I originally tried to sign up for the wonderful New Writers’ Scheme in 2015 but was a day too late, so had to wait till the September of that same year when I got my first publishing contract to join as a full member. The RNA was a revelation to me because up to that point, the only writer I knew was me. Suddenly, I was part of a vibrant, friendly and supportive organisation filled with people just like me. I’m a joiner-inner at heart and threw myself into it, attending Chapter meetings in both London and Chelmsford, and then my first conference which also coincided with the publication of my debut novel. Then, the cherry on the cake was being shortlisted for the RNA’s Romantic Novel of the Year award in 2017 for The Discerning Gentleman’s Guide. That meant a lot. Four years on from my first contract and I am on the RNA committee and I organise all of their big social events. I also present regular workshops at the annual conference. Its nice to be able to give something back.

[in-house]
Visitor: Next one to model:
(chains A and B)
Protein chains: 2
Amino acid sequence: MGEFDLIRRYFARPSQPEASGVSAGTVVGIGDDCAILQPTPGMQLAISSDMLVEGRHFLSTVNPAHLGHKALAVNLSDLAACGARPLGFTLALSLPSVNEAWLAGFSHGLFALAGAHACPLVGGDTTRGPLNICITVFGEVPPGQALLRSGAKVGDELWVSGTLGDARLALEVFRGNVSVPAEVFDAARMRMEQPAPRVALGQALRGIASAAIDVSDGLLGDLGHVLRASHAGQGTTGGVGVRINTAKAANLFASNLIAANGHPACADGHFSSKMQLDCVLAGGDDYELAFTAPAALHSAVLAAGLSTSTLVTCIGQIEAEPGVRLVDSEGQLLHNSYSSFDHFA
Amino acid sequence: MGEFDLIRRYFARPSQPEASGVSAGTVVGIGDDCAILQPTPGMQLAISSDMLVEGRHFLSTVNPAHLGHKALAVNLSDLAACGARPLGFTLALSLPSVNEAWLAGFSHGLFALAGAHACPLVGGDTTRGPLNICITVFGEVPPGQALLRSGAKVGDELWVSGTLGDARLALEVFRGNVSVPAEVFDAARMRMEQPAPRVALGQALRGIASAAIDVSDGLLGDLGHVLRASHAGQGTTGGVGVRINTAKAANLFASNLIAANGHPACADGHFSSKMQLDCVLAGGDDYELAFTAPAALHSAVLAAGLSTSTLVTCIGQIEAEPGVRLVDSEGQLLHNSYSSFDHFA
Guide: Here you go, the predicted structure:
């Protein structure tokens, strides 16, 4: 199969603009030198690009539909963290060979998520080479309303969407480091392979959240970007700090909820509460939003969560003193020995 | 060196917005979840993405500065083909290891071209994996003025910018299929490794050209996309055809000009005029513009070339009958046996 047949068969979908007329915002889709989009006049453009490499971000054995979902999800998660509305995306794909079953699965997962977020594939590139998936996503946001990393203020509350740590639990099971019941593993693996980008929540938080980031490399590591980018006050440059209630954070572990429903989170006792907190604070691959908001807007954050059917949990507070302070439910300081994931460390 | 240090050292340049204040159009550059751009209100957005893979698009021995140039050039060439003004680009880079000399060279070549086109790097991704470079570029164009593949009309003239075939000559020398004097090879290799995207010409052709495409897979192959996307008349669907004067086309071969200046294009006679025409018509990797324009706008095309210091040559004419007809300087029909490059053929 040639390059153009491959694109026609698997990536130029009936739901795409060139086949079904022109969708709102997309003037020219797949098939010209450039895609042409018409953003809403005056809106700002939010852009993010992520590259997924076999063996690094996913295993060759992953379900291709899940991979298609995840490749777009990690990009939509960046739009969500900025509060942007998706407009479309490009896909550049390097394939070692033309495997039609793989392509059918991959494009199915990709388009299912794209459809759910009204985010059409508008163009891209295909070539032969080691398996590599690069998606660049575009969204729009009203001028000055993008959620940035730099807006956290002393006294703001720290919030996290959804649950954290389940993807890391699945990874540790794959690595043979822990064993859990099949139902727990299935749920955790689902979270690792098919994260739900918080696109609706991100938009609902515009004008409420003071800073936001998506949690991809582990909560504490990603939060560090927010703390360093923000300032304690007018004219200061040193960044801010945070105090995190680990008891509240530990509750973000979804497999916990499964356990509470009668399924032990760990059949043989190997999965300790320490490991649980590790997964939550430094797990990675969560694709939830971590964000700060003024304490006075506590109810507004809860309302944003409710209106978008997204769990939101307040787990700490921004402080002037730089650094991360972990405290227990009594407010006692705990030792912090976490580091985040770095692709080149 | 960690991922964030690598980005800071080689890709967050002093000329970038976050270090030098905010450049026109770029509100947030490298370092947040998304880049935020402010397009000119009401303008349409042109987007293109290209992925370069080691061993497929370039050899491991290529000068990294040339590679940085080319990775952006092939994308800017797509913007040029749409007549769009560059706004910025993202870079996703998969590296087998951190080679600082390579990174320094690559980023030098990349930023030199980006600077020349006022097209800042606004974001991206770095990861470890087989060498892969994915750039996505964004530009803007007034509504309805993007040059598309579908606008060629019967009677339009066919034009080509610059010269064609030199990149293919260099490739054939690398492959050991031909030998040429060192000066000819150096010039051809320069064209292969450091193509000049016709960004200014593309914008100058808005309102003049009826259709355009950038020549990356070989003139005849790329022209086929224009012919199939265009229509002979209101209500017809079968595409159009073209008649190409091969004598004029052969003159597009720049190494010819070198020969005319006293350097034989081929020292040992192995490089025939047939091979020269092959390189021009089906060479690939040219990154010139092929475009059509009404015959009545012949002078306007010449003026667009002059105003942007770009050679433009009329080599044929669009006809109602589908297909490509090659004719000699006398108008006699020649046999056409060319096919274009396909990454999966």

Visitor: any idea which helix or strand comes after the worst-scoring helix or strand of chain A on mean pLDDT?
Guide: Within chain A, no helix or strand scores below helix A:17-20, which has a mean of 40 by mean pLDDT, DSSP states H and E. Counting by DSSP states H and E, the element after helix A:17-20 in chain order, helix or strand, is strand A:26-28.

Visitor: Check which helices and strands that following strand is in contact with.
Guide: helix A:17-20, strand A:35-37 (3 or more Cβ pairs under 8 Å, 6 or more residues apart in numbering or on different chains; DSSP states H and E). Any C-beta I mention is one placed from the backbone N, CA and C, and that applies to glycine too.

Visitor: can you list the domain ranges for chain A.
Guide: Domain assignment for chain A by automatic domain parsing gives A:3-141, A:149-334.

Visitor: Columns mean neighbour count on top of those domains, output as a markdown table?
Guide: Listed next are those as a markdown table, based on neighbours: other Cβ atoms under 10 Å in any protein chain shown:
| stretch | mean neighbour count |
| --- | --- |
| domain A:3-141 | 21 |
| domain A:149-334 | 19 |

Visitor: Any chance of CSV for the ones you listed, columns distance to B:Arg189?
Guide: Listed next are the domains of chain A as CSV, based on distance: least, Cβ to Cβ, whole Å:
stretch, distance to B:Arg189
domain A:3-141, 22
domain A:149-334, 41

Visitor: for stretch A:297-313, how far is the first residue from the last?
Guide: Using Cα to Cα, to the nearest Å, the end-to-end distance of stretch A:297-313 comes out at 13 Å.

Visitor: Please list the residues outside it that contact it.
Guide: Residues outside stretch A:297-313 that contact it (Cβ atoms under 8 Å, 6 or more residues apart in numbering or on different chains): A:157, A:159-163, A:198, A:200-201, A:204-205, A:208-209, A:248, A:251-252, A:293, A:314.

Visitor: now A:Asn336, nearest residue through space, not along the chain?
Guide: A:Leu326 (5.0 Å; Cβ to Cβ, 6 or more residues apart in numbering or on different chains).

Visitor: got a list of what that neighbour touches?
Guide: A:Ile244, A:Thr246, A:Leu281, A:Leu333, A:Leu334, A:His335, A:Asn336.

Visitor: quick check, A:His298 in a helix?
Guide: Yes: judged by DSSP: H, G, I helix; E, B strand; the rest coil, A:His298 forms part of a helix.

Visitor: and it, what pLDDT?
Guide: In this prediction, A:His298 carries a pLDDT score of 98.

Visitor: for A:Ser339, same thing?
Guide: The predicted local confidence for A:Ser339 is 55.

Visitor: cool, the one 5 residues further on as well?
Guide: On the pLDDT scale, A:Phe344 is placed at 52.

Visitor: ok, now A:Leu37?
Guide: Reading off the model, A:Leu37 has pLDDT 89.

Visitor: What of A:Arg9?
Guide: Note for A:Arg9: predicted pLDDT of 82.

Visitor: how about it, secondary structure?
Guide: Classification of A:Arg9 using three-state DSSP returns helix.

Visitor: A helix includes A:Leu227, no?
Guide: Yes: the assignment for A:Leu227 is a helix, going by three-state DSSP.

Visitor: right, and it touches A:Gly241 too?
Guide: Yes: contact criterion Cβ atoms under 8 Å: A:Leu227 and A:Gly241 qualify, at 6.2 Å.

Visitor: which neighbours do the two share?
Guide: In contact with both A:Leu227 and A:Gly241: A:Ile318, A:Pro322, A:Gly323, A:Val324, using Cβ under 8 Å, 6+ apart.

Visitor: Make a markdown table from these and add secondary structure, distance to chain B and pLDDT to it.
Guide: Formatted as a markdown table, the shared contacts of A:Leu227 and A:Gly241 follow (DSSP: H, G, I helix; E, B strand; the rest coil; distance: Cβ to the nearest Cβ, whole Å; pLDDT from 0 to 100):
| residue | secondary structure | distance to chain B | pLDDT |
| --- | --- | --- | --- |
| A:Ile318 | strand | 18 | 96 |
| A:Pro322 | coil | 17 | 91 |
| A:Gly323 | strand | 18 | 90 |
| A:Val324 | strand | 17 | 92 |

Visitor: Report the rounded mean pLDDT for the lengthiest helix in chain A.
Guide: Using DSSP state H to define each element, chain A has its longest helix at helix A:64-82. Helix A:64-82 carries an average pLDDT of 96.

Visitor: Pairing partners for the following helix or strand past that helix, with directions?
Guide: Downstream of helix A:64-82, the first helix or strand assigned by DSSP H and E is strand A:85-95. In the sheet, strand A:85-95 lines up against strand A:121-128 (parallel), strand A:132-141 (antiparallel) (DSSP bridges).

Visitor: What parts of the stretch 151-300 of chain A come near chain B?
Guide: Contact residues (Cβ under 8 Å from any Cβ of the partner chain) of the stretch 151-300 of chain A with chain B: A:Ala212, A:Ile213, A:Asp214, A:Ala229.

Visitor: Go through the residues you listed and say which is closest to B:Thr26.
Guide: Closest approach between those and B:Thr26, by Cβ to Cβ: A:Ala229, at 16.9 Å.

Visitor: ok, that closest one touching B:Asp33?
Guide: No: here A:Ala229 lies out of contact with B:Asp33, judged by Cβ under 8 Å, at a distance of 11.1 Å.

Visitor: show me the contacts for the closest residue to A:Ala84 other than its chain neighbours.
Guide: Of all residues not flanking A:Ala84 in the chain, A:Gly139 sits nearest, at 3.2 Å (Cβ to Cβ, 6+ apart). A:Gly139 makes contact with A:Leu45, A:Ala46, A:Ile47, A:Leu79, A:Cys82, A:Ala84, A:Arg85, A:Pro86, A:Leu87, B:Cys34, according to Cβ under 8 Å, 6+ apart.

What was the inspiration behind your latest release?
Rome! I love the city and always wanted to set a book there. However, as the book is set in the 1840s I had to do quite a bit of research to make sure the Rome in my story was correct for the tie period. Thankfully, it has such a long, rich history, many of the iconic sights had been there for millennia. I made my Italian hero an expert on the Renaissance artists- Michelangelo in particular. My heroine is English and, because I adore the social history of my native London, she runs an institute for destitute women back home but has been sent on a well-earned adventure by her family to see the art and history she has always dreamed of.
Do you find it hard to let your characters go when you finish writing the book?